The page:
Real engagement is often confused with “empty calorie” fun:
We’re all familiar with classrooms, sports teams, and offices that are absolutely brilliant at engineering fun, yet far less brilliant at producing real improvement. The late coach Tom Martinez called them “ice-cream camps” — places where the focus was not truly on skills, but rather on the sweet, entertaining buffet of activities that filled the day.
So the real question is: how do you spark engagement and avoid the empty calories of mere fun? Here are a few ideas:
- Spend time designing a game that is built around the specific skills you want to teach. Aim to place learners in their sweet spot: tasks that are not too difficult, and not too easy.
- Talk less. Real engagement doesn’t happen when a teacher or coach is talking (a recent MIT study showed that student physiological arousal essentially flatlines during lectures). Engagement doesn’t come from words, but from actions and involvement.
- Aim for swift feedback. The most engaging games are transparent: you don’t need a coach or teacher to inform you how you’re doing, because the game tells you.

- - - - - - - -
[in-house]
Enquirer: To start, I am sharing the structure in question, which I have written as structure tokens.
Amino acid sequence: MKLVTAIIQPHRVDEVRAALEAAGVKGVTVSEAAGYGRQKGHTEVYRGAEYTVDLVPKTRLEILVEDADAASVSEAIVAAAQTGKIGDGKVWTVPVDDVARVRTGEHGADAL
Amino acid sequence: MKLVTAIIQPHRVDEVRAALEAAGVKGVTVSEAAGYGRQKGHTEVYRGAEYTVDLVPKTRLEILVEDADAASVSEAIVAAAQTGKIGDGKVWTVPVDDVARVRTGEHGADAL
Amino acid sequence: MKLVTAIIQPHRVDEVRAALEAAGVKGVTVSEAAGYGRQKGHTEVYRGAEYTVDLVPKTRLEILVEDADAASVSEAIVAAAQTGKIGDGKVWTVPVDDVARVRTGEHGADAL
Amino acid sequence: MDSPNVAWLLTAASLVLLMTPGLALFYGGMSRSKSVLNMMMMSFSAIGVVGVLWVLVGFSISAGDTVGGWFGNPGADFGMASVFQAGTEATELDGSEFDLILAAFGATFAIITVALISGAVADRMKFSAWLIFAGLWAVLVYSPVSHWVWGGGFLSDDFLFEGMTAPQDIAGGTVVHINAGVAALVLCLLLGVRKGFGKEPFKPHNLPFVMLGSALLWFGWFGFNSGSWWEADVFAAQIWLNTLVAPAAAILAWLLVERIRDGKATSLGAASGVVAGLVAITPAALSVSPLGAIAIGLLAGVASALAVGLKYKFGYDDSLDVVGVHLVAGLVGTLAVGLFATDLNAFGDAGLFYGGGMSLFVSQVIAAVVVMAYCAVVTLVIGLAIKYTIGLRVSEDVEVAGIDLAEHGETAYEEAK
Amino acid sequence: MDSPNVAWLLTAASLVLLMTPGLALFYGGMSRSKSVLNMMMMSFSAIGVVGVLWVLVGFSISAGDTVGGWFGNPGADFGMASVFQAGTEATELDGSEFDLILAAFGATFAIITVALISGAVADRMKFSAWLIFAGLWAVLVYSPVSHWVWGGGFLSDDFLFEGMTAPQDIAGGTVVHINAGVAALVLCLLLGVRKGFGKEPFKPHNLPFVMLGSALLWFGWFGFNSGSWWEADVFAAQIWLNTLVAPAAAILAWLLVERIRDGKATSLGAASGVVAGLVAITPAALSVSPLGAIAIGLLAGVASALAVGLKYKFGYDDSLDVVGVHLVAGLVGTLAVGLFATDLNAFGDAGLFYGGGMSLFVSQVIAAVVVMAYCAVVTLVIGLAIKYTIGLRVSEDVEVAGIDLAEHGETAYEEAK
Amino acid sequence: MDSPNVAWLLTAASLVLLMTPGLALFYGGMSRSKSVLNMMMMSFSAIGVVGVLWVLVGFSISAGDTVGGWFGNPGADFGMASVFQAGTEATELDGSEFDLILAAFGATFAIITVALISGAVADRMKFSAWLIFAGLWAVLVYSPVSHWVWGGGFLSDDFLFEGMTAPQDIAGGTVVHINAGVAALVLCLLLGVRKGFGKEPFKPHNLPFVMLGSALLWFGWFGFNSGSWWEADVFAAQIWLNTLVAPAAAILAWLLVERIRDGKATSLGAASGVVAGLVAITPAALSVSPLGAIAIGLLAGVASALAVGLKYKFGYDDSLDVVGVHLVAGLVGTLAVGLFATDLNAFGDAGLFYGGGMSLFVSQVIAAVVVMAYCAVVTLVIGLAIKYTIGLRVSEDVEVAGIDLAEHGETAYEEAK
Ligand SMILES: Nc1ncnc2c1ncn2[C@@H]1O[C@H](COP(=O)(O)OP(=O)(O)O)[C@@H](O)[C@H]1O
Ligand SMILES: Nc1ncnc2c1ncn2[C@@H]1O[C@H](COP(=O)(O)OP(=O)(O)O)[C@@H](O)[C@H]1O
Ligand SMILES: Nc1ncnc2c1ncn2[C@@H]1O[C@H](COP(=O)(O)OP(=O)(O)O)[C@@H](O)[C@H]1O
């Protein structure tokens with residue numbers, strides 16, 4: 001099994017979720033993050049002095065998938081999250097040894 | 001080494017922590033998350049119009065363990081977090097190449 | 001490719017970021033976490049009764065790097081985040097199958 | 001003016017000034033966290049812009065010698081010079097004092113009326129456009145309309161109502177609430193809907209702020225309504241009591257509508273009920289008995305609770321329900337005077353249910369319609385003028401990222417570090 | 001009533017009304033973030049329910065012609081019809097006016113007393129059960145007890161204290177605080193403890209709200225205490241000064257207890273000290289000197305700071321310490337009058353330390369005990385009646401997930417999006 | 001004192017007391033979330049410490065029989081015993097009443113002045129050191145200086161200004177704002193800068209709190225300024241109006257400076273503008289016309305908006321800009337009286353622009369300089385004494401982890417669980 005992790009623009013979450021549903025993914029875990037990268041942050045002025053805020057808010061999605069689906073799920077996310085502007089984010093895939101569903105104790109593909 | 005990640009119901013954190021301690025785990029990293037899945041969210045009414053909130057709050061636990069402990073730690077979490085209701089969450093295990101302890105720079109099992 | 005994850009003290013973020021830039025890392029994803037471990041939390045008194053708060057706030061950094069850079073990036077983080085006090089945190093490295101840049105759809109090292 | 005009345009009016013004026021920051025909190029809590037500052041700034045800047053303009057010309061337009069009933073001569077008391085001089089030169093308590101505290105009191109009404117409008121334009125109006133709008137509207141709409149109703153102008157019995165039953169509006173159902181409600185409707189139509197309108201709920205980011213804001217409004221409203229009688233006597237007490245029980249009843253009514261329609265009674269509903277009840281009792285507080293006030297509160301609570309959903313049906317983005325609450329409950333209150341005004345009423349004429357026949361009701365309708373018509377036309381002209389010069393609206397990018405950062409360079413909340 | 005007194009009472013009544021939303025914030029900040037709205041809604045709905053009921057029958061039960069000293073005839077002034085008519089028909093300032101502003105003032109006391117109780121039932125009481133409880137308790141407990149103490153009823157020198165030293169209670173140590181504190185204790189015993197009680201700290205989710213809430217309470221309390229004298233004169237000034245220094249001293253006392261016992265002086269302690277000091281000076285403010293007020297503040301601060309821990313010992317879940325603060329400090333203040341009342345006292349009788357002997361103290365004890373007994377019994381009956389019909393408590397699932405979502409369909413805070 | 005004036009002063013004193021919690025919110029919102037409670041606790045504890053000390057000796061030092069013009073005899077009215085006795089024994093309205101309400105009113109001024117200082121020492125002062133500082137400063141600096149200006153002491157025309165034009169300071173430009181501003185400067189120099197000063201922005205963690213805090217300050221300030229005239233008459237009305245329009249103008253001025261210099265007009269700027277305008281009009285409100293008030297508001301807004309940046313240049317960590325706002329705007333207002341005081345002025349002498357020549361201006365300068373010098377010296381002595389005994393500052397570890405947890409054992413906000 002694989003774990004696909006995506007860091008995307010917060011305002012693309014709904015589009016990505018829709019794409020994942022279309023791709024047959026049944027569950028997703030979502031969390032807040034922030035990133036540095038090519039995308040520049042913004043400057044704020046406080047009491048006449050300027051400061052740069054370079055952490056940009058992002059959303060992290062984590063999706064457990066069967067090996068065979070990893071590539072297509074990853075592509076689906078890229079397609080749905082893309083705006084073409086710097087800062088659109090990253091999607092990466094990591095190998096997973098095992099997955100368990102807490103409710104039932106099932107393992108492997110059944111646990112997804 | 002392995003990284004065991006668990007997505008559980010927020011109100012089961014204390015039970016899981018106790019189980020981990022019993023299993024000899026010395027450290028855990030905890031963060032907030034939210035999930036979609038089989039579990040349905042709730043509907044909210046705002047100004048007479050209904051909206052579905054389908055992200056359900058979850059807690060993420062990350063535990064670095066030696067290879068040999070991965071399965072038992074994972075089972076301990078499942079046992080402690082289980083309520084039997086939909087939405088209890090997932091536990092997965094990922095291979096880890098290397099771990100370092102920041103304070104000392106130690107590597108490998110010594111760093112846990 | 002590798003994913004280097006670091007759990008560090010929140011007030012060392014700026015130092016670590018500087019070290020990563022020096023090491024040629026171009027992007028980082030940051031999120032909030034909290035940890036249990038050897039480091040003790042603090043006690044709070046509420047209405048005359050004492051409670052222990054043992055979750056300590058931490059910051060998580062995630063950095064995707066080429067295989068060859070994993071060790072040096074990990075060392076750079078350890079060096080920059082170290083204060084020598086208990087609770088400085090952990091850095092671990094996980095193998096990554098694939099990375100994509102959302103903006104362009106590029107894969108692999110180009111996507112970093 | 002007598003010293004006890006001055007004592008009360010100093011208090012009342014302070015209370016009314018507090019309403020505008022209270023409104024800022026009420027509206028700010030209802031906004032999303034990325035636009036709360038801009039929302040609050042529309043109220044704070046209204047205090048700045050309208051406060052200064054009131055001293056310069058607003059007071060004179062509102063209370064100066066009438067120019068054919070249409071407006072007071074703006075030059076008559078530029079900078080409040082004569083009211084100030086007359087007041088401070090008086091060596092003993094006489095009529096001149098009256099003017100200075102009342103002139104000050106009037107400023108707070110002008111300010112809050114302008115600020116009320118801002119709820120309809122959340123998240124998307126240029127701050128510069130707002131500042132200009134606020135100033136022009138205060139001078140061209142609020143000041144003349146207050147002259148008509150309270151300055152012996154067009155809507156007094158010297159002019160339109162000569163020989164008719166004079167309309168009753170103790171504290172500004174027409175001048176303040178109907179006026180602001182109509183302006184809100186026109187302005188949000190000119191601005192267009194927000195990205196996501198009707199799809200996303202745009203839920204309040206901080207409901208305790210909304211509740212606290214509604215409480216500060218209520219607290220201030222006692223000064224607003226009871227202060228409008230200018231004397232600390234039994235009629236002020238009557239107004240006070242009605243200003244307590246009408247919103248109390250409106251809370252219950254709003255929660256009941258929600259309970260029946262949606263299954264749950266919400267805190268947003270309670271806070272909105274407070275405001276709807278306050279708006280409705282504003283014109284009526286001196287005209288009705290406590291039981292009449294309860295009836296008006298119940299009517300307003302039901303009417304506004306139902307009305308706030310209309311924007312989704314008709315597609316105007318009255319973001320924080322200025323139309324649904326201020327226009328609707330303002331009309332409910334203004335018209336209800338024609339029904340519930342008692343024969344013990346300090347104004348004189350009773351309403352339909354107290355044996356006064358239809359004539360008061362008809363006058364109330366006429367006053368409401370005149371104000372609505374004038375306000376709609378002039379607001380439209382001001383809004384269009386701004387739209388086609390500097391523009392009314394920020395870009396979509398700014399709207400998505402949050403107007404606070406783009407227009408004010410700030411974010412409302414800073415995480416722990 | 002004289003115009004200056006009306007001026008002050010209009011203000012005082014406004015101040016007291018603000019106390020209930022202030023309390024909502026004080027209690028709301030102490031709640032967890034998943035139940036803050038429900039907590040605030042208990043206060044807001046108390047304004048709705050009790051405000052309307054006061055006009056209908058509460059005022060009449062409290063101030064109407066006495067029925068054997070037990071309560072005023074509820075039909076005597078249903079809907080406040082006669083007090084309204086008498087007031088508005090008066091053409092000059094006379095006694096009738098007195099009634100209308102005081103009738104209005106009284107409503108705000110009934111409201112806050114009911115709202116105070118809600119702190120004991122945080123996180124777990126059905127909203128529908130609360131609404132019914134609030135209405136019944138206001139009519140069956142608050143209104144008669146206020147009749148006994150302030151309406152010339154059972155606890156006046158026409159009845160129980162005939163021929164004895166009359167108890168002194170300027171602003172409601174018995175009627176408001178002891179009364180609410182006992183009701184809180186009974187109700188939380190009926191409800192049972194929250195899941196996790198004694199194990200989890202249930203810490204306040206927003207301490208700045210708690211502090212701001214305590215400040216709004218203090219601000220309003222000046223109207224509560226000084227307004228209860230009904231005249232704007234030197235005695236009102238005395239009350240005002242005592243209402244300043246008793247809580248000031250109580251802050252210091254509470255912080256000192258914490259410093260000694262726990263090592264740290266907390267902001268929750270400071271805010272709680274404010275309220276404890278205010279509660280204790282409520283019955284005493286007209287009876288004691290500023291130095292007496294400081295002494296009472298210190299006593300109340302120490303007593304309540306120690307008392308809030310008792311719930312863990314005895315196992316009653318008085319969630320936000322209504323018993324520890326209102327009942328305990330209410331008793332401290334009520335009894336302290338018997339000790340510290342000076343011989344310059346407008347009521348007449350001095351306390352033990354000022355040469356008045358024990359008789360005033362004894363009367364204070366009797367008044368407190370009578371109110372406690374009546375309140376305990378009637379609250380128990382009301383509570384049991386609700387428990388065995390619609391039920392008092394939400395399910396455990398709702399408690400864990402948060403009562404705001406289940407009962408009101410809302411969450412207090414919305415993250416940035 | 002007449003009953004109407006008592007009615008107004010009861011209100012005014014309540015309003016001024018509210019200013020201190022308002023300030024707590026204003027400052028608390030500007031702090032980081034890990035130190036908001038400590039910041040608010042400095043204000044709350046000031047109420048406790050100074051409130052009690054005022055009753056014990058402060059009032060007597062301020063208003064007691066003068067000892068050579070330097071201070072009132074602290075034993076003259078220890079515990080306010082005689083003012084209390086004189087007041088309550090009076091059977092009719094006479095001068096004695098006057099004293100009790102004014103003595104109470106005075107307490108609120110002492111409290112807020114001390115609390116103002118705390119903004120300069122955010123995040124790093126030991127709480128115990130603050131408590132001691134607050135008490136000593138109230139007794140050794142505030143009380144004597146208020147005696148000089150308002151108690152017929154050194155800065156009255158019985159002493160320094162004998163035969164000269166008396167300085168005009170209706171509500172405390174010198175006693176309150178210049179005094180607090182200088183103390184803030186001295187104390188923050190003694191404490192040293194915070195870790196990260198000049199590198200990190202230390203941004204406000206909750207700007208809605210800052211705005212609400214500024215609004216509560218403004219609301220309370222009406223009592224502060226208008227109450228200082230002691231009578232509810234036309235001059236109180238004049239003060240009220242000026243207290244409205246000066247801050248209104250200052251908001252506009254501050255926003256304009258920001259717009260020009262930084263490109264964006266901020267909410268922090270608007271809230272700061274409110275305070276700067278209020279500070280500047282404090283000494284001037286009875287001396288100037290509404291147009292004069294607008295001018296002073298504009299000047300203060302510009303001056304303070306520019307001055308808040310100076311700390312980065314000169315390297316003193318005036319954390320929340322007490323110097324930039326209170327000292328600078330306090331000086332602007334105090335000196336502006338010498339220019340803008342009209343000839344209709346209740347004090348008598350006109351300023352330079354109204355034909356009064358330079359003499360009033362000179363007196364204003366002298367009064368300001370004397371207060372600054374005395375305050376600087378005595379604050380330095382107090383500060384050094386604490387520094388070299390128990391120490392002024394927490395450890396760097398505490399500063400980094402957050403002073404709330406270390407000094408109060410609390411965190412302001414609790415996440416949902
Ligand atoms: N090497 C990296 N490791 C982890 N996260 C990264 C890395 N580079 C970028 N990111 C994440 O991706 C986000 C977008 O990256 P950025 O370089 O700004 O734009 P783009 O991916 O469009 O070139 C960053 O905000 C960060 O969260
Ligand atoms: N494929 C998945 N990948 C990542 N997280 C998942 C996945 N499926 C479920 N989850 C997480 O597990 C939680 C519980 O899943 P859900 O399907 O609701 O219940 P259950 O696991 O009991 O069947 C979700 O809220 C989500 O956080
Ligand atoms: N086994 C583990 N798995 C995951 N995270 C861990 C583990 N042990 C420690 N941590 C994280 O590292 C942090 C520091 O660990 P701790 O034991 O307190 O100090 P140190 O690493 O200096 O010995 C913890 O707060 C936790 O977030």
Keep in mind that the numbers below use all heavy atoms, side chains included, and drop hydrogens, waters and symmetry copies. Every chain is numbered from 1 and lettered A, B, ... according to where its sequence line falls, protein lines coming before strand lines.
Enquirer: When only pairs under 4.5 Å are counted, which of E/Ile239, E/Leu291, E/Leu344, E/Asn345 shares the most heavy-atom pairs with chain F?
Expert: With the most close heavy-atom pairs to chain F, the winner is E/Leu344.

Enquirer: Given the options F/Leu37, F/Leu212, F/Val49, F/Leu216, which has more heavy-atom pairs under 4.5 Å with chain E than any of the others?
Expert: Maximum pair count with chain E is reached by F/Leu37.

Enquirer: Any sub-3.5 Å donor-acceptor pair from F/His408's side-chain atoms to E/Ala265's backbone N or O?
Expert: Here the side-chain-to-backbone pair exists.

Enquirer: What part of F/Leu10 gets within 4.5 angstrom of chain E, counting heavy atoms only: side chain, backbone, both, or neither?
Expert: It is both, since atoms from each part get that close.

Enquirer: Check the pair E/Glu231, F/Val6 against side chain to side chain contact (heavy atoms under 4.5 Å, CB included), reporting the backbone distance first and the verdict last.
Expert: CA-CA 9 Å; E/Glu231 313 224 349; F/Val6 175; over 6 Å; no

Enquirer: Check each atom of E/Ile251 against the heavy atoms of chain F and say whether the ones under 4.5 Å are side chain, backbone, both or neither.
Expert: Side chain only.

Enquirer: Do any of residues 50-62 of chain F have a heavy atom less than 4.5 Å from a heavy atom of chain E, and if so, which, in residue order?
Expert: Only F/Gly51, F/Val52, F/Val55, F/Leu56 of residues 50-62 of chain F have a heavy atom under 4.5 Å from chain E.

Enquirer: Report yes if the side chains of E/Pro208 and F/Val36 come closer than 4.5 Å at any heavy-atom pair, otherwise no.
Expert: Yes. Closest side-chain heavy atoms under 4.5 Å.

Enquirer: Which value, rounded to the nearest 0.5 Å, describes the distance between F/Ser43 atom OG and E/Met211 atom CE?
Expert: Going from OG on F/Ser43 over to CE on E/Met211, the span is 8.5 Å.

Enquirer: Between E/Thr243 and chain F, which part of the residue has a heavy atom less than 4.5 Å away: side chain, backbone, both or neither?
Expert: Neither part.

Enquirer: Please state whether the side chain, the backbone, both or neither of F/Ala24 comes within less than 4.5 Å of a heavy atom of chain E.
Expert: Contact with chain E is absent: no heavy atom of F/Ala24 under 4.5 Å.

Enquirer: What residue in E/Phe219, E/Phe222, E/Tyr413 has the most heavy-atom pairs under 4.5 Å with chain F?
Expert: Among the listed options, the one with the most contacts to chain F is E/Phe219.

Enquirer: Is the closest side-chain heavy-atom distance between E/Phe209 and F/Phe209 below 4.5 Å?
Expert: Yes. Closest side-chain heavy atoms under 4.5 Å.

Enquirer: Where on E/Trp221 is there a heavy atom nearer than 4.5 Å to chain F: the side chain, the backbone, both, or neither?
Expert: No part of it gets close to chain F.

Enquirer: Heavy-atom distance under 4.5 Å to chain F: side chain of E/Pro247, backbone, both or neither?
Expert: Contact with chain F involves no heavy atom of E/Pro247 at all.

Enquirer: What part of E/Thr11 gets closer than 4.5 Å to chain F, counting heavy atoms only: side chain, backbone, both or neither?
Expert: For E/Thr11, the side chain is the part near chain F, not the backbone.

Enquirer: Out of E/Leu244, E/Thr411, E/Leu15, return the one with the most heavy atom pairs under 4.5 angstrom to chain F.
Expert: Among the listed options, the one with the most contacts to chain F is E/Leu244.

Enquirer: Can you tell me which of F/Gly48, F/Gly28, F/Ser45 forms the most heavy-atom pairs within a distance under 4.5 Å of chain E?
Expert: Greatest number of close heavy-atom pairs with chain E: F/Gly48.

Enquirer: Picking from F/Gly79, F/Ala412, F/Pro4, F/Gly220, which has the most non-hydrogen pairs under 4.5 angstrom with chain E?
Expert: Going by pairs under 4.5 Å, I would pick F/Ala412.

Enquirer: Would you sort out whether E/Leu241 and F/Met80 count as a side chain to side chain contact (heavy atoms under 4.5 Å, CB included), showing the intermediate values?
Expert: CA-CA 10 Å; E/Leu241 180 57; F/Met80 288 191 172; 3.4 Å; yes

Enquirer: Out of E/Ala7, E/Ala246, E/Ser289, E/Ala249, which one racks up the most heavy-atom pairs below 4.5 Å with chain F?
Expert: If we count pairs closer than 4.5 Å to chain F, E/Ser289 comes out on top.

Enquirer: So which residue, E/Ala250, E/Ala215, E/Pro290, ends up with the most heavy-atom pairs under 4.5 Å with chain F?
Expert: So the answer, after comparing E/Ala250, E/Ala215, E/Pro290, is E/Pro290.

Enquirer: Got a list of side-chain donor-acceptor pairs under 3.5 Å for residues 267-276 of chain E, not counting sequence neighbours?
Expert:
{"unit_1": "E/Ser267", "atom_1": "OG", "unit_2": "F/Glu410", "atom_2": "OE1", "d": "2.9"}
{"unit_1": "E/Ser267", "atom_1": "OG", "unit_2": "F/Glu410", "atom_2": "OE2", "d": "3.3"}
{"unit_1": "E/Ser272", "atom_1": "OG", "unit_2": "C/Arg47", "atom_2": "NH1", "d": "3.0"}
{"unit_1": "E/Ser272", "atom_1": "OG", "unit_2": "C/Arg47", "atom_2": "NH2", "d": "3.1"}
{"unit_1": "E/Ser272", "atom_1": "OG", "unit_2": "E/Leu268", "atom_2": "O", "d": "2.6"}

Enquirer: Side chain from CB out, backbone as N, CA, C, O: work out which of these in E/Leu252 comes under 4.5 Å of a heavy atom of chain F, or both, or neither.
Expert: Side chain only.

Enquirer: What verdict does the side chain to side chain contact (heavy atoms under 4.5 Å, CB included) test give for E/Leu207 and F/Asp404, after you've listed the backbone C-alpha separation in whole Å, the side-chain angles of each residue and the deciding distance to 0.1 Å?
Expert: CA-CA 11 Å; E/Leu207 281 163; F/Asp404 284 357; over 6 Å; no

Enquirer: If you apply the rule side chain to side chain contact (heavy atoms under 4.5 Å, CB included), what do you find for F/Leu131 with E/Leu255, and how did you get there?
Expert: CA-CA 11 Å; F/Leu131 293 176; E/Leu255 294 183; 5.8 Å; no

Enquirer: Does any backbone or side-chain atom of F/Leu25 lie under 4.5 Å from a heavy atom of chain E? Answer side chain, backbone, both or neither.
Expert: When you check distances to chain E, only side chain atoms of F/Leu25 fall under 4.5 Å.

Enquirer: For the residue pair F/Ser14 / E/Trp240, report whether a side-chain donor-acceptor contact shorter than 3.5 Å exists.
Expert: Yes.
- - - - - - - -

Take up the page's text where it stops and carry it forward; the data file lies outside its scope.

- Keep it social. Engagement operates like a virus. As the video shows, small groups are a good way to increase the odds of those viruses being transmitted.
- Do the minimum. The leader’s role is to do nothing except to keep things moving. Set the stage, then back off and let it happen. A good leader’s job is sort of like cloud-seeding. You can’t make the lightning strike happen. But you can design the conditions where the chances increase.
That’s not to say that fun isn’t a vital ingredient — it is. But the key is to understand that fun should be the seasoning, not the main dish.